Appropriately still known as ‘Lofty’ due his 6ft 4in frame, Phil Parkes stands above most when it comes to the most influential Wolves goalkeepers of yesteryear.
The stopper, who made more than 300 appearances in a Wolves shirt, will make his return to Molineux as a half-time guest on Saturday and needs no invitation to roll back the years and reminisce on his time at the club.
Parkes created a reputation for vital penalty saves while between the Wolves sticks, none more important than the two against Ferencvaros to send the club to their one and only European final in 1972.
That UEFA Cup final ended in disappointment for Wolves, who succumbed to defeat across two legs with Tottenham, but it was an experience which would inspire Parkes’ future career venture.
“We played all over the place, in the likes of East Germany and Portugal,” he said. “It was a great experience because it was the first time we’d played foreign clubs, except for a couple of friendlies.
“To save a penalty in each leg of the semi-finals was amongst my finest moments, I was just disappointed that we went on to lose the final.
“It was a shame, after we’d played all the foreign teams in the build-up, that we played Tottenham in the final. To play them home and away, it felt like two league games,” he admitted.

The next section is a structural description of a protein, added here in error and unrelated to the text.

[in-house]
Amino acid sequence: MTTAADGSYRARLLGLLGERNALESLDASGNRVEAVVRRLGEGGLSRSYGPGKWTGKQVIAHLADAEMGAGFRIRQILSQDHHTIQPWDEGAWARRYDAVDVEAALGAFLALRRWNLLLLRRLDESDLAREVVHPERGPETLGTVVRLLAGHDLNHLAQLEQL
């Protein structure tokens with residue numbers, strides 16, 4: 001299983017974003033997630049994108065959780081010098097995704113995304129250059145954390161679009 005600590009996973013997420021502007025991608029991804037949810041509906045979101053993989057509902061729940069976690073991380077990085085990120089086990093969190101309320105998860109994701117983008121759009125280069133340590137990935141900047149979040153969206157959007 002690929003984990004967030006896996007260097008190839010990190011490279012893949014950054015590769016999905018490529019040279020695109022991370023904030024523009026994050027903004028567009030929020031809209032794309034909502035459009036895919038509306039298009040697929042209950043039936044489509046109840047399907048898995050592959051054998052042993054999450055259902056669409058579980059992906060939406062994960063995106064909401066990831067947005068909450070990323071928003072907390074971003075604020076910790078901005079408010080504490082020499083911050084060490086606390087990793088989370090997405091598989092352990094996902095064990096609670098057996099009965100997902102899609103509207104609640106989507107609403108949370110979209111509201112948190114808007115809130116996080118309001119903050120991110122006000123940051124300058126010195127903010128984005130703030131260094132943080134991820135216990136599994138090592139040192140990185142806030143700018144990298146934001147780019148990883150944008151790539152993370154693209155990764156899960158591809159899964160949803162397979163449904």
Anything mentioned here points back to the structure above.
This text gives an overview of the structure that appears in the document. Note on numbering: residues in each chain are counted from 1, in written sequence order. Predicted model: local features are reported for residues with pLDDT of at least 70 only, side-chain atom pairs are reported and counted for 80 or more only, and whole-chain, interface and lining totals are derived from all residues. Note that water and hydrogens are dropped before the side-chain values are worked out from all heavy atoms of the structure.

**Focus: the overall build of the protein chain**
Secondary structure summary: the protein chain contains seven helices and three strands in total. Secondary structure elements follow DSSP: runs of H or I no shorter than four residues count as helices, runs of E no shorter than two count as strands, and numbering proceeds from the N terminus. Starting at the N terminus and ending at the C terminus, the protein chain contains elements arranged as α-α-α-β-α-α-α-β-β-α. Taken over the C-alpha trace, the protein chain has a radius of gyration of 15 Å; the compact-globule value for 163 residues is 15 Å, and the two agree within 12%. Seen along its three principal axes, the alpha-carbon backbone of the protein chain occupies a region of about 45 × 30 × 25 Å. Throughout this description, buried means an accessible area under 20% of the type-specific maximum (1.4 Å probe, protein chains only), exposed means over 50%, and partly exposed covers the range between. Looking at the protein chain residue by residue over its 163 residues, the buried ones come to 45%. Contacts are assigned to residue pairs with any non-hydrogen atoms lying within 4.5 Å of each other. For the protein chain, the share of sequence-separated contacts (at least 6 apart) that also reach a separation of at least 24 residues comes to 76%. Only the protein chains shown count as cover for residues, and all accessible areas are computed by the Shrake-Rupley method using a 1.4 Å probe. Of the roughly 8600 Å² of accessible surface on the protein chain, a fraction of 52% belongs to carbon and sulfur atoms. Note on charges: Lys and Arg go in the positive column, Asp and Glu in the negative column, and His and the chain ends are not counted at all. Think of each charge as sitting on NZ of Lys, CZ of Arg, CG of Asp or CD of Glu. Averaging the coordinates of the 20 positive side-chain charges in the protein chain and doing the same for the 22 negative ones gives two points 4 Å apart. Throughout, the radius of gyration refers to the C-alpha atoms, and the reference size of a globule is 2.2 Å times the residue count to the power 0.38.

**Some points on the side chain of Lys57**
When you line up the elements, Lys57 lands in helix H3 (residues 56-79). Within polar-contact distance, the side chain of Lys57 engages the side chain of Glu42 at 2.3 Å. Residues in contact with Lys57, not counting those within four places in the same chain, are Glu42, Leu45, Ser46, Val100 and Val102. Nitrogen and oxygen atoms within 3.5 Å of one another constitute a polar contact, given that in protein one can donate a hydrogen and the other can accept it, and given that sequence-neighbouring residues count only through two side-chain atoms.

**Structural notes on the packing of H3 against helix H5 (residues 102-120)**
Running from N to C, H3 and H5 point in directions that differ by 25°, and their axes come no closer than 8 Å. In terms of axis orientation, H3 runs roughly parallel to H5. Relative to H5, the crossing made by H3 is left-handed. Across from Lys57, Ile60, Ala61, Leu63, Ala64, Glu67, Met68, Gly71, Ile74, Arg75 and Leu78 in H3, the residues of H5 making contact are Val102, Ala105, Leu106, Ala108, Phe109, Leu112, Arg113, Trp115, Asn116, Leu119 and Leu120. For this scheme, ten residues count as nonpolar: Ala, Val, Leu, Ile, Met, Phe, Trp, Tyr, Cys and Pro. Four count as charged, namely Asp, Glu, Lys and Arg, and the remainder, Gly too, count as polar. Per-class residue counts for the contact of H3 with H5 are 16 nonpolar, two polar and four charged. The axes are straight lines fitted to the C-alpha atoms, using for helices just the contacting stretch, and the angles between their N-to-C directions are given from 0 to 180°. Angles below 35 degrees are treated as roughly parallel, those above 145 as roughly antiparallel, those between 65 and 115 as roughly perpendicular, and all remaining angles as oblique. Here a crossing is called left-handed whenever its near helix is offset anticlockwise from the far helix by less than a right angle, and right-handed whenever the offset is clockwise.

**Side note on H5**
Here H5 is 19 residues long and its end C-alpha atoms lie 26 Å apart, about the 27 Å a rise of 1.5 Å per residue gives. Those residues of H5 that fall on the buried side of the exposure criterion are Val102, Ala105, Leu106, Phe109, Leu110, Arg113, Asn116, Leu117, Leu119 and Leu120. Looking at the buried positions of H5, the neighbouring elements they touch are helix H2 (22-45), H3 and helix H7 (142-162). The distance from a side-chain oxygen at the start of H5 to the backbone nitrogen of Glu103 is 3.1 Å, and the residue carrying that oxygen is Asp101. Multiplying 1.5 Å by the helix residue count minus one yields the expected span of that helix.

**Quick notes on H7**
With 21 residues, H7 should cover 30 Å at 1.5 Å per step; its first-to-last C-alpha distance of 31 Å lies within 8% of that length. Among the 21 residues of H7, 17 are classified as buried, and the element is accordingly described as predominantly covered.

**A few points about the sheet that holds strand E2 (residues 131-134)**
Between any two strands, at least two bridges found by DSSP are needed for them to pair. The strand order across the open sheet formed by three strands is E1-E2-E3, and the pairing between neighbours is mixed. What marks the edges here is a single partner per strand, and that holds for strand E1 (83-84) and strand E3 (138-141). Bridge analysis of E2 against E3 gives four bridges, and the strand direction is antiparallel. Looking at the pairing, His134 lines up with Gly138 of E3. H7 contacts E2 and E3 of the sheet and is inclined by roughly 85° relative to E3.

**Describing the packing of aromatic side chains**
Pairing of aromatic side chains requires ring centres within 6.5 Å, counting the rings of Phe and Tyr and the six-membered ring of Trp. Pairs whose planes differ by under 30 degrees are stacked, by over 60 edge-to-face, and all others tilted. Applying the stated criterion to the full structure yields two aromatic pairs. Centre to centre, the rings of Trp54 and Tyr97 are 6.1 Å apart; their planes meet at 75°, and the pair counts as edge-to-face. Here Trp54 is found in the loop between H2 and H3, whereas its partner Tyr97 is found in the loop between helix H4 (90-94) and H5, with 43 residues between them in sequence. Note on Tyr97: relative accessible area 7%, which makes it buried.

Two major finals brought mixed emotions for Parkes, who followed up that disappointment with a League Cup victory two years on – but again it was tinged with regret for the goalkeeper.
“When we got to the League Cup final in 1974 I played in every game of the run. We won the semi-final on the Saturday and I broke my ankle on the Monday.
“The only good thing about the situation was as soon as it happened I knew I wasn’t going to be fit. Don’t get me wrong I was devastated about missing it, but I had time to come to terms with it.
“We won the League Cup final but lost the UEFA Cup - the opposite to when I played.”
However, four years on and Parkes’ time at Molineux was over, with pastures new coming in the MLS and a return to Canada.
“I’d gone to Vancouver on loan in 1976, so when Wolves signed Paul Bradshaw, and I was on a free transfer, they came back in for me, and I agreed to go.
“I played with George Best at San Jose and played against Pele, Johan Cruyff, Eusebio, Franz Beckenbauer, all the greats from my era.”
Impressive feats for Parkes, who was on the Wolves books from the second he left school, and after signing professional at 18, made it a debut to remember against Preston North End.
“I saved a penalty on my debut and it started years of fond memories. I played with some great players and nice people, in front of some very good fans.
“I still come to Wolves games when I get the chance. Molineux has changed a bit, we used to play in front of 50-odd thousand, but now it’s impressive and the pitch is like a billiard table,” he added.
‘Lofty’ will be on the pitch as the half-time guest on Saturday and supporters in the WV1 restaurant can meet him in the flesh, while those looking to book the facilities for the future can do so here.